29. pet2 = Cat ( 'cat' , 'Gatsby' , '2018-07-08' )
  30. pet1. details ( ) #calls parent class version of details()
  31. pet2. details ( ) #calls parent class version of details()
  32. print (pet2. name , "is a" ,pet2. pet_type , "and it always runs around with" ,pet2. sounds ( "attention-seeking meows" ) )

To summarize this example:

  • There is a subclass called Cat that inherits the attributes and methods of the base class Pet.
  • In addition, the class Cat also has its own method, sounds
  • We have used special Python object initialization method __init__()

Okay, I see that there are a few new terms like __init__, self, method overriding, etc. Let’s explore them in detail.

__init__ method

The line pet1 = Pet(‘cat’, ‘Tiffany’, ‘2019-07-08’) from the previous example creates a new instance of Pet class, then initializes its data by calling the class’s __init__ method. The  __init__  function runs automatically when the class is called. Every class that you create can provide an __init__ method that specifies how to initialize an object’s attributes.

 
 
 
   
  1. #constructor
  2. def __init__ ( self , pet_type , name , bdate ):
  3. self. pet_type = pet_type
  4. self. name = name
  5. self. bdate = bdate

You can actually write your own version of __init__() method, i.e. override it.

‘self’ in Python

Most often the very first argument of a class method is self. The argument self just points to the instance of our class that we’re currently working with. From Python’s perspective it’s just a convention, I mean the name self has absolutely no special meaning. It simply binds the arguments passed with the object’s attributes.

Method Overriding

So far, we have looked at the class Cat which inherited all the attributes and behaviors of parent class Pet. In addition, the class Cat also created its own unique method, that is specific to the derived class. However, the child class can create its own version of the inherited attributes and methods by a technique called overriding. We call this method overriding.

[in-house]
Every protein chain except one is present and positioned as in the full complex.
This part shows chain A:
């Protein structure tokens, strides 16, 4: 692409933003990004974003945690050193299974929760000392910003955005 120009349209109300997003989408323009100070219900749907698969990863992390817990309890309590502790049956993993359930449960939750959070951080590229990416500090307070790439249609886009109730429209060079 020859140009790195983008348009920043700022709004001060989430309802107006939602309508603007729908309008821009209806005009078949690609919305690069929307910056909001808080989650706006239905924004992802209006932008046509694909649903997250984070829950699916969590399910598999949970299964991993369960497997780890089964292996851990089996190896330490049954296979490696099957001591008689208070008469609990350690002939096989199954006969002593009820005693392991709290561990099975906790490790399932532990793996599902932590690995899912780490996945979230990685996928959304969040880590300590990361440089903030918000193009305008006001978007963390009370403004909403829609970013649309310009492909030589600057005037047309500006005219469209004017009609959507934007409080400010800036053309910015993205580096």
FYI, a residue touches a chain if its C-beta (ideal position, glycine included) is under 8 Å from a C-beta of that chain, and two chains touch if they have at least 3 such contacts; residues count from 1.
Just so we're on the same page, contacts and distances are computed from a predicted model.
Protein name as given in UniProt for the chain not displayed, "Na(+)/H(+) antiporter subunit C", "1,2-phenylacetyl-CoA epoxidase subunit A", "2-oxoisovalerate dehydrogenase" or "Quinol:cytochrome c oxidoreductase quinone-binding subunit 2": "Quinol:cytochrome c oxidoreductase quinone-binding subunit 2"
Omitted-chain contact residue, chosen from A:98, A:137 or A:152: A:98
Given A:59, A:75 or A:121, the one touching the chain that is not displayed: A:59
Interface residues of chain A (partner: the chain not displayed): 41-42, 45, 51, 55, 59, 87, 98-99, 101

Let’s try to understand that with the help of an example.

 
 
 
   
  1. #A python program demonstrating method overriding
  2.  
  3. # Base or parent class
  4. # Same as Pet(object)
  5. class Pet:
  6.  
  7. #constructor
  8. def __init__ ( self , pet_type , name , bdate ):
  9. self. pet_type = pet_type
  10. self. name = name
  11. self. bdate = bdate
  12.  
  13. #method to print details
  14. def details ( self ):
  15. print ( "I am pet" )
  16.  
  17. class Dog (Pet ):
  18. def __init__ ( self , pet_type , name , bdate , breed ):
  19. super ( ). __init__ (pet_type , name , bdate )
  20. self. breed = breed
  21.  
  22. def sounds ( self , sound ):
  23. return sound
  24.  
  25. def details ( self ):
  26. print ( 'I am' , self. name , ',a' , self. breed )
  27.  
  28. pet1 = Pet ( 'Dog' , 'Tiffiny' , '2019-07-08' )
  29. pet2 = Dog ( 'Dog' , 'Toby' , '2018-07-08' , 'bull dog' )
  30. pet3 = Dog ( 'Dog' , 'Max' , '2018-07-08' , 'Tibetan Mastiff' )
  31.  
  32. pet1. details ( ) #invokes the parent version of details()
  33. pet2. details ( ) #invokes class Dog version of details()
  34. print (pet3. name , "is a" ,pet3. breed , ", plays well with other dogs, & never" ,pet3. sounds ( "growls" ) , "at kids" )

The Dog class overrides a parent method Details and creates its own version. The line pet2 = Dog(‘Dog’, ‘Toby’, ‘2018-07-08’, ‘bull dog’), invokes the class Dog version of details().

The super() method

You can override any method of the parent class, including __init__(). In the above example, notice that __init__ method is defined in both classes. When this happens, the method in the child class overrides the method in the parent class. Basically, by overriding, we are trying to extend the definition of the class rather than simply replacing it.